CEE: Investing beyond the headlines

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“People tend to follow headlines, in which case they will have to pay a premium when they unwind their positions on negative news in order to feel safe, but the substance of those headlines is often questionable,” says Aristoteles Damianidis, portfolio manager fixed income emerging markets at UBS in laying out his argument why fixed income investors should look to Central and Eastern Europe (CEE).

“We believe that it is worth giving some countries in Central and Eastern Europe a closer look. That requires being present on the ground and subjecting investment opportunities to a thorough bottom-up analysis. Not every headline corresponds to realities on the ground.”

“If investors have exposure to the region, it is mainly through equities, such as Russian stocks as it is by far the biggest stock market in the region, whereas the fixed income side offers broader diversification potential,” he argues.

Damianidis is part of a ten person strong team at UBS in Frankfurt, specialising nin European bonds. Supported by some 60 credit analysts, the team aims to pursue an active investment strategy which is relatively unconstrained from its reference indices, the JP Morgan Euro EMBIG Diversified Europe and the JP Morgan Euro EMBIG Diversified Europe /50% JP Morgan GBI-EM Global Europe.

“We aim to have a tracking error of 2-3% and so far we have managed to stay within this range,” he says. The fund’s performance target is to exceed its reference indices by 1%. In the second half of 2014, the fund returned -4.46%, according to Lipper Hindsight. However, over a five year period, it returned 37.45% and outperformed its benchmark, albeit with volatility levels of more than 8% over a five year period.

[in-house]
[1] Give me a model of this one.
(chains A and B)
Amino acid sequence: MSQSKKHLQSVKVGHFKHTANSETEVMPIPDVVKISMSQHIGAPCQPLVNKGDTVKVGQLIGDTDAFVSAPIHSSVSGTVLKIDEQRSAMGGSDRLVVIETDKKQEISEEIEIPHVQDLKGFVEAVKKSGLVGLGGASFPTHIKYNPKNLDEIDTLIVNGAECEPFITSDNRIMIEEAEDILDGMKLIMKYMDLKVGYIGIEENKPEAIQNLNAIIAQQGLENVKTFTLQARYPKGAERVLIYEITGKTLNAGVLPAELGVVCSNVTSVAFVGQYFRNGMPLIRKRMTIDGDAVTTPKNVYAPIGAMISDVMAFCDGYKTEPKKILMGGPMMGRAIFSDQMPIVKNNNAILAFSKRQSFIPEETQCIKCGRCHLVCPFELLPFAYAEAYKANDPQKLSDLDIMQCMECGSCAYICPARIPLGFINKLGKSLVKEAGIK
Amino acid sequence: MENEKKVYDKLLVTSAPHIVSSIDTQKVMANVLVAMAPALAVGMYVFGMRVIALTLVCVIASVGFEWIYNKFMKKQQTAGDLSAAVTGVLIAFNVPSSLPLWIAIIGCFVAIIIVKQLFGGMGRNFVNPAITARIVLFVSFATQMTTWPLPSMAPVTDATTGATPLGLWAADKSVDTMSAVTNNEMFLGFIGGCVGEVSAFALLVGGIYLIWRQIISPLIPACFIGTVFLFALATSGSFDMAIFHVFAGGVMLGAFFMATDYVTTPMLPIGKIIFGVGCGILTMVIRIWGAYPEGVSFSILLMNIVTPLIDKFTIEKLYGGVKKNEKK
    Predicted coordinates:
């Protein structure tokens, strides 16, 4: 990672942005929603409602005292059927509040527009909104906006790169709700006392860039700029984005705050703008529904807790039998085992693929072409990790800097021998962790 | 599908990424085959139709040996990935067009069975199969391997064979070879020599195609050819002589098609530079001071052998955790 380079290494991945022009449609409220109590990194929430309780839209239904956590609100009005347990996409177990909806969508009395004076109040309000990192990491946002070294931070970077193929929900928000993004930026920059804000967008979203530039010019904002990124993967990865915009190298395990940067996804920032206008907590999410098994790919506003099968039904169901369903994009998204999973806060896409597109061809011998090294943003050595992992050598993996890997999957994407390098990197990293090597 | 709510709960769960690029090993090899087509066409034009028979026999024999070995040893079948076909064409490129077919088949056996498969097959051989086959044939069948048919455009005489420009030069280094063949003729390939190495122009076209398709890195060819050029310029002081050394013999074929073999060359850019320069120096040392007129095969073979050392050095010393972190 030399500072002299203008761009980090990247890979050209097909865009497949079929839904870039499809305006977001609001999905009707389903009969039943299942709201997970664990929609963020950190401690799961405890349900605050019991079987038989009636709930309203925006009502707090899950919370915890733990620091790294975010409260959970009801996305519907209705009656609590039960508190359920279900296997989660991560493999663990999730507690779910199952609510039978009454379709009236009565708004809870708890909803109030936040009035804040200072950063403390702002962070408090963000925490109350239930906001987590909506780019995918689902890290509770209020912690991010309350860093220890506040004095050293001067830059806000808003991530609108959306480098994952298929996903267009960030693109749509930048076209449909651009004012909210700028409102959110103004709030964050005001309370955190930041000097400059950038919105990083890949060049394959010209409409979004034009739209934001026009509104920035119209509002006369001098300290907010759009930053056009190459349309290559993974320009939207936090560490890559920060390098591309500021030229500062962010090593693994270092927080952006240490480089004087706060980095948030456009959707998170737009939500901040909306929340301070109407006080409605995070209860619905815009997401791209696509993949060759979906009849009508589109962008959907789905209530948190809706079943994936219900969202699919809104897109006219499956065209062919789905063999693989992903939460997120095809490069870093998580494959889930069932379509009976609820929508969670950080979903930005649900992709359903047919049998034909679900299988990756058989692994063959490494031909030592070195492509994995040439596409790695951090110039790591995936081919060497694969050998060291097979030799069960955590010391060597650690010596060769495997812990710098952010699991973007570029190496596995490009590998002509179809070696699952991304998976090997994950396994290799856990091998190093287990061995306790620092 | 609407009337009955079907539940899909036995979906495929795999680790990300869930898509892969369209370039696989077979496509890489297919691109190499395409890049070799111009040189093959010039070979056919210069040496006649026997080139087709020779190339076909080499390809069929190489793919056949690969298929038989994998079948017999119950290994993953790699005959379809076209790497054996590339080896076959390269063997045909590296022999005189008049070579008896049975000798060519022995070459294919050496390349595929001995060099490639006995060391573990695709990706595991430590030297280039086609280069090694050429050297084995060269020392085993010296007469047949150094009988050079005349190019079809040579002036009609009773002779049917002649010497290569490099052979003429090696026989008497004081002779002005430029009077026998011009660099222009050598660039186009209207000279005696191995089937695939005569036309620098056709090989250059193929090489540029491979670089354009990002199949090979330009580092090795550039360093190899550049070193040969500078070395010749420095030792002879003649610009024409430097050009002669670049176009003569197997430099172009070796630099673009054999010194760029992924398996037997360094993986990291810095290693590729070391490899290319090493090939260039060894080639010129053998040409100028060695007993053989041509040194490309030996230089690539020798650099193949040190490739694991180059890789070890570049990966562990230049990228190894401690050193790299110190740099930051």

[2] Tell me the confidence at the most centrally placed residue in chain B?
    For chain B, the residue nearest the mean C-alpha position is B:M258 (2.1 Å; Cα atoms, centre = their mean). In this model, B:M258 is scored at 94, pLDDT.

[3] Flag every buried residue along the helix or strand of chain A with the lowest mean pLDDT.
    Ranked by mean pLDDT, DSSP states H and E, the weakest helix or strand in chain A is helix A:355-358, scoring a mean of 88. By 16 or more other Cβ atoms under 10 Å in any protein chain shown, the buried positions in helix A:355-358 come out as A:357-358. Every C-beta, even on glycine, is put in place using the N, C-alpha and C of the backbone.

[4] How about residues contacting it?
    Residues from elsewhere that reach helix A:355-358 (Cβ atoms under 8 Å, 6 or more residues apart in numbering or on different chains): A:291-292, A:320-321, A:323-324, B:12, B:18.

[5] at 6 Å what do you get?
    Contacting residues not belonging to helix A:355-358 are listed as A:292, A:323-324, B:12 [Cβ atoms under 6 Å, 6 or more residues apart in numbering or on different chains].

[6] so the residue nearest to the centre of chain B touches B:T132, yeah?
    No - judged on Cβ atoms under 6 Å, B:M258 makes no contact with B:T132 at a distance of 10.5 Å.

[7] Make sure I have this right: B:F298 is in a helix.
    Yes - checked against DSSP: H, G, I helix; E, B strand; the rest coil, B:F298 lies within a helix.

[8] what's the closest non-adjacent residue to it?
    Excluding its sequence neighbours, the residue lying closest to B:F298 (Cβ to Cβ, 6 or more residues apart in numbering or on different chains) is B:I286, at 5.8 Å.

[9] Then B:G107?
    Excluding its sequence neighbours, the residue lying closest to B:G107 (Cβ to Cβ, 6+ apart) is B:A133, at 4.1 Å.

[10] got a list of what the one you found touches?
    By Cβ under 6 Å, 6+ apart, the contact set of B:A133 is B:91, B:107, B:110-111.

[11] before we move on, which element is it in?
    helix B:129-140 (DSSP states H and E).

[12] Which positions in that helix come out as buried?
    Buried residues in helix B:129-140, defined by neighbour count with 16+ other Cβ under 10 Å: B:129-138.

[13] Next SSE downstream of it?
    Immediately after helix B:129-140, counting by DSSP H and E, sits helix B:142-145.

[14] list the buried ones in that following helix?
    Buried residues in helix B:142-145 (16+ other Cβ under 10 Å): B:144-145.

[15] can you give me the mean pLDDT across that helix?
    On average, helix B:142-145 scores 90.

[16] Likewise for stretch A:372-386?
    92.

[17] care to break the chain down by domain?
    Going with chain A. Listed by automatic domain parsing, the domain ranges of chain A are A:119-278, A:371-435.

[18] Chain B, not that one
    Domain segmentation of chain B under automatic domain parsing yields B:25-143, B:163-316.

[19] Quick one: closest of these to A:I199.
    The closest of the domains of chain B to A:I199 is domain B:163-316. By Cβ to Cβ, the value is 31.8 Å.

Nevertheless, Damianidis stresses that the fund has been gaining traction among both institutional and even retail investors in Germany. mWhile the past year has been challengingm for investors targeting CEE,

Damianidis identifies three structural growth drivers for the region. First, he sees the artificially low level of bond yields as a positive factor influencing the risk premium of bonds of CEE countries, with local rates curves being positively affected by the level of  rate curves in the eurozone.

Secondly, Damianidis predicts that the geopolitical tensions between Russia and the Ukraine will ease. “For the past year, risk levels have continued to build up and we have sold all our exposure to the Ukraine. But in the Minks 2 agreement in January the two have managed to agree on further deescalating steps like the continuation of a gas deal, which is a significant sign of progress,”he says.

Thirdly, he argues that oil prices are now set to stabilise, which would have a positive impact on oil exporting countries in the region. Given the current levels of volatility, a tempting scenario would be to use hedging strategies in order to build up negative exposure. Yet the team has decided against this approach. It has used credit default swaps in the past, but “in general, we do not want to build up negative exposure to countries and we don’t aim to be an absolute return fund.”

Instead, Damianidis highlights the potential of sovereign bonds in relatively smaller and under researched  Balkan countries including Albania, Serbia and Montenegro. “In these countries, the prospect of EU membership has a disciplining effect,” Damianidis argues. In contrast, the fund is not invested in any Greek bonds.

In terms of geographical weighting, 21.9% of the fund’s portfolio is currently invested in Russian bonds, 17.5% in Turkey, 10% in Poland, 9.9% in Hungary and 6.5% in Montenegro. “We do seek exposure to local currencies in countries where we see growth potential but around half of our investments are denominated in euro.” Other top currencies within the fund are the Polish zloty (17.2%), the Turkish lira (11.6%), the Russian rouble (8.4%) and the Hungarian forint (5.6%).

Looking ahead, Damianidis stresses that there are good reasons to look eastwards: “With current yield levels in developed European countries at record lows, I think a lot of investors
will look at opportunities such as Hungarian or Polish fixed income in a different light.”

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